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Lessons We Need To Learn From The Great Depression

It has been nearly a hundred years since the era of the Great Depression. It is only a segment of history now that is mentioned less and less in our society. The oldest members of our society are the ones who lived through it as children. It no longer a relevant part of our lives. But maybe it should be.

History is full of valuable lessons for us to use today. In fact, if we review them and apply them, we might be able to avoid some of history's past mistakes. Yes, the Great Depression can help us survive the world today, especially this day of COVID-19 survival.

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Quick Review of The Great Depression

Simply stated by History.com: "The Great Depression was the worst economic downturn in the history of the industrialized world, lasting from 1929 to 1939." During this time, food was scarce and many people faced the future with no home or way to earn an income. It took World War II to pull the nation back from the pit of the financial hardship.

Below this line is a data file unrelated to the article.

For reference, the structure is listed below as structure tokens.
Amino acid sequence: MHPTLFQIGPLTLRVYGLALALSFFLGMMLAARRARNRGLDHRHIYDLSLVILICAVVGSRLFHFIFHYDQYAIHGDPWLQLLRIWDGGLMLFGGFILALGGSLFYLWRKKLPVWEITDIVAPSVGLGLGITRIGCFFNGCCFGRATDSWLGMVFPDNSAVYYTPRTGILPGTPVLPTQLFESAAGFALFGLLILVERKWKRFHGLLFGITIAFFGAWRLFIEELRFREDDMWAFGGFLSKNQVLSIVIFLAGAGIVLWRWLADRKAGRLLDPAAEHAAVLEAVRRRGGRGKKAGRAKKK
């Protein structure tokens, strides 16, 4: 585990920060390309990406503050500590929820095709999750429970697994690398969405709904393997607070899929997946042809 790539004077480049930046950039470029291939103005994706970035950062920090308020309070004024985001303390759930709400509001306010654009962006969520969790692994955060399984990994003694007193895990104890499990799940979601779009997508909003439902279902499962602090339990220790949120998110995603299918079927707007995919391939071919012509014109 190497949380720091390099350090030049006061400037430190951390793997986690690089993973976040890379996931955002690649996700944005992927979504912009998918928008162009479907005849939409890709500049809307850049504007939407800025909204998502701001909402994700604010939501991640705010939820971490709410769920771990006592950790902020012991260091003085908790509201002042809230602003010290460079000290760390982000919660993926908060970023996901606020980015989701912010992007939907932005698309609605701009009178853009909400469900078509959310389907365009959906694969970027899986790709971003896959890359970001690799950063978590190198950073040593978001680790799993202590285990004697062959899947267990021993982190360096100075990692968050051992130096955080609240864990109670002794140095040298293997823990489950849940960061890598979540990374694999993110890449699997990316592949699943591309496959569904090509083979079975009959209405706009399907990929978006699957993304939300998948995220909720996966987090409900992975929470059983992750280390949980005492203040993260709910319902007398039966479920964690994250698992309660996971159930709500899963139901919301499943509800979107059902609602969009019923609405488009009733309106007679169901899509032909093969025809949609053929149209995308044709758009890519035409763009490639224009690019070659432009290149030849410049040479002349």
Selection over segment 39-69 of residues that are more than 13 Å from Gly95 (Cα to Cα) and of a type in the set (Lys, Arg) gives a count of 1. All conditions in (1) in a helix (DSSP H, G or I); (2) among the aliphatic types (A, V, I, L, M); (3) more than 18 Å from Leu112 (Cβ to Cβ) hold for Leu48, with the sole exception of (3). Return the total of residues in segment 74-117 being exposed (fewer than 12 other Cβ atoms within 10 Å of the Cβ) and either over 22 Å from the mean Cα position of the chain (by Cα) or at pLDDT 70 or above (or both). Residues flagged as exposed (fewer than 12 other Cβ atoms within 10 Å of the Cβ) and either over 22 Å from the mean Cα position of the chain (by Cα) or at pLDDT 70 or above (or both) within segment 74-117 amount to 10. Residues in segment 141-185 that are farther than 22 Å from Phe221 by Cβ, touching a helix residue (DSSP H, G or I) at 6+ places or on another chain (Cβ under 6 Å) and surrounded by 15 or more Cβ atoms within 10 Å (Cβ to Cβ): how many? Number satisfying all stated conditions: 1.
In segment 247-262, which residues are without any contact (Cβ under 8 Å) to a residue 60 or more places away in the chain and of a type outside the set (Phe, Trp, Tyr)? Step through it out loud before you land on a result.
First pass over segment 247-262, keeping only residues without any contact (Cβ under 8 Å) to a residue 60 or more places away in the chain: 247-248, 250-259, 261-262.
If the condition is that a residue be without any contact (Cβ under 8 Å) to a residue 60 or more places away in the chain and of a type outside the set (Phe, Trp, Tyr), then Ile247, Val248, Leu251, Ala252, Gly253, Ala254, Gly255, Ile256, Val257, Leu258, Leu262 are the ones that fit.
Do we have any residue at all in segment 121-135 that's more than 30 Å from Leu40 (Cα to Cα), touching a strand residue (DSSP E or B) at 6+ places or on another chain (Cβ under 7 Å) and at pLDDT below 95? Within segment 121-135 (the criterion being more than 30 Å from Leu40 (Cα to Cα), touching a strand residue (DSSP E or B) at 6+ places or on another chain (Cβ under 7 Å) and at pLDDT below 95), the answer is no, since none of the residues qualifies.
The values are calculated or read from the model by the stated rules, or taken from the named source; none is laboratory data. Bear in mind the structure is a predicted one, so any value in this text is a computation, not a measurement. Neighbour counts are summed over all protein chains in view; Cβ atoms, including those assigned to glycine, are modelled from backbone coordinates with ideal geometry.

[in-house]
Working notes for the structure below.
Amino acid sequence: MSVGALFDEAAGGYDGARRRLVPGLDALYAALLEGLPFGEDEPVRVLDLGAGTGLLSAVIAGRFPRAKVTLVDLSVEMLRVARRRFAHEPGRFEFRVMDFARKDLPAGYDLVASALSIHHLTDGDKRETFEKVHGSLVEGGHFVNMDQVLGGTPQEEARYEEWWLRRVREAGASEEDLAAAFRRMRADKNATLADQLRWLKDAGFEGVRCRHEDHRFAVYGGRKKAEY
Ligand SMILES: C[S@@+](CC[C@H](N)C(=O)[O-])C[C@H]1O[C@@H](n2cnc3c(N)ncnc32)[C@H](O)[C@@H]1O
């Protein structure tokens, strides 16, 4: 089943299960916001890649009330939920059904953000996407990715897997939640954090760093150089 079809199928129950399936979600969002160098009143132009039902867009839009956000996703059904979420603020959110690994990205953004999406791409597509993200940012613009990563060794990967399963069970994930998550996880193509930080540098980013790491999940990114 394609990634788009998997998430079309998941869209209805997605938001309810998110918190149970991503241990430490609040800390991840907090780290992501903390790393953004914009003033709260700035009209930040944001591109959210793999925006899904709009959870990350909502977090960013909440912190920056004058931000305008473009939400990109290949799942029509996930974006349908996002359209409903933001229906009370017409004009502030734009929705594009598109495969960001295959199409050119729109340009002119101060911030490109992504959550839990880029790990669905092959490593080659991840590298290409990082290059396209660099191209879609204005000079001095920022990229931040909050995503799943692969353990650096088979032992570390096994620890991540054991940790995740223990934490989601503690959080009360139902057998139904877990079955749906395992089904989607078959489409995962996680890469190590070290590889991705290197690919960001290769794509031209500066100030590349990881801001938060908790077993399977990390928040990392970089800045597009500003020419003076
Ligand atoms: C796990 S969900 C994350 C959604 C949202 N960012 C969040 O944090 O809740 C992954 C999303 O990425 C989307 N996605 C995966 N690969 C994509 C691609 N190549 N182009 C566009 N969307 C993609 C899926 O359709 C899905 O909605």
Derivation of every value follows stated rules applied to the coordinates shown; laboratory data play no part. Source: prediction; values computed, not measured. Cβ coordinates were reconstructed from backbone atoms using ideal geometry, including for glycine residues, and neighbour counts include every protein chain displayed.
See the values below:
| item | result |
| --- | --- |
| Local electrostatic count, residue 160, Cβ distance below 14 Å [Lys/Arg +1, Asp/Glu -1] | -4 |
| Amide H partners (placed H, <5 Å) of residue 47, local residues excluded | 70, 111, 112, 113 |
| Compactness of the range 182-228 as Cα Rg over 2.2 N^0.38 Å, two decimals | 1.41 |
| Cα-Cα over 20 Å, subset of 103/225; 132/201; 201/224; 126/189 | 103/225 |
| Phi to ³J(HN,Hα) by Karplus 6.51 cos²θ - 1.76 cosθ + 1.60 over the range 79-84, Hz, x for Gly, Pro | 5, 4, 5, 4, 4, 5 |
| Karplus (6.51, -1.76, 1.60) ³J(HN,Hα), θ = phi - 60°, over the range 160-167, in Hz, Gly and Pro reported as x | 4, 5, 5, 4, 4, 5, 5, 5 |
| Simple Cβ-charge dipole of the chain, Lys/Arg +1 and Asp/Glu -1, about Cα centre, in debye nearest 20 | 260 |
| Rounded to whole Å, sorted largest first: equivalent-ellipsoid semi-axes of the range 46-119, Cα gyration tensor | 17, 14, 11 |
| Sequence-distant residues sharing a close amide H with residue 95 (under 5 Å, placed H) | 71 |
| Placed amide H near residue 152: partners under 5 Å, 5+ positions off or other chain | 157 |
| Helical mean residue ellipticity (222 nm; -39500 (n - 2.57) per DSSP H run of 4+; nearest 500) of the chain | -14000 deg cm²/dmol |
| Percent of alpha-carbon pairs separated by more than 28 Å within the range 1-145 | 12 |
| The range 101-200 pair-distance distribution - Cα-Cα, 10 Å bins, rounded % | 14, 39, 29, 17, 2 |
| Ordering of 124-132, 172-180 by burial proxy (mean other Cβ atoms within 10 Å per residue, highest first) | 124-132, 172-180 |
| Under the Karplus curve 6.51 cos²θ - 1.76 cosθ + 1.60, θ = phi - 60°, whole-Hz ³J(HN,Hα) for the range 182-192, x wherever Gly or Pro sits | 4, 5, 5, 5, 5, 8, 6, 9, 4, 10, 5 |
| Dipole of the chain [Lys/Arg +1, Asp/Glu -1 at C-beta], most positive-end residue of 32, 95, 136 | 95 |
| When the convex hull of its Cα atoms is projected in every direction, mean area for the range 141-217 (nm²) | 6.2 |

Those who survived this period still live today and can recount how hard it was to feed their family even one meal. Communities drew together, and the nation learned a lot. These are lessons that have mostly been lost over the years. We are making the same mistakes and will find it hard when the current financial crises continues its downturn.

Below are a few lessons that society learned during the Great Depression and probably should take to heart once again.

Diversify

According to a Time magazine article, "When you diversify your portfolio, you incorporate a variety of different asset types into your portfolio. Diversification can help reduce your portfolio’s risk so that one asset or asset class’s performance doesn’t affect your entire portfolio." Diversification means not to put all your funds into the auto industry or into pizza companies. Spread out what type of investments you have. Why?

In 1929, the Great Depression occurred when Wall Street crashed. Everyone lost their shirts and life savings, but did they? When we think of that crash, most of think of destitute people or an increase in suicide. While the crash did bring extreme economic hardship to the majority of the country, there were a large number who profited during that time. Investors in those areas didn't feel the pain of the crash. The movie industry, certain auto companies, aviation, and even oil. Read more on the ones who made their fortune during the Great Depression here.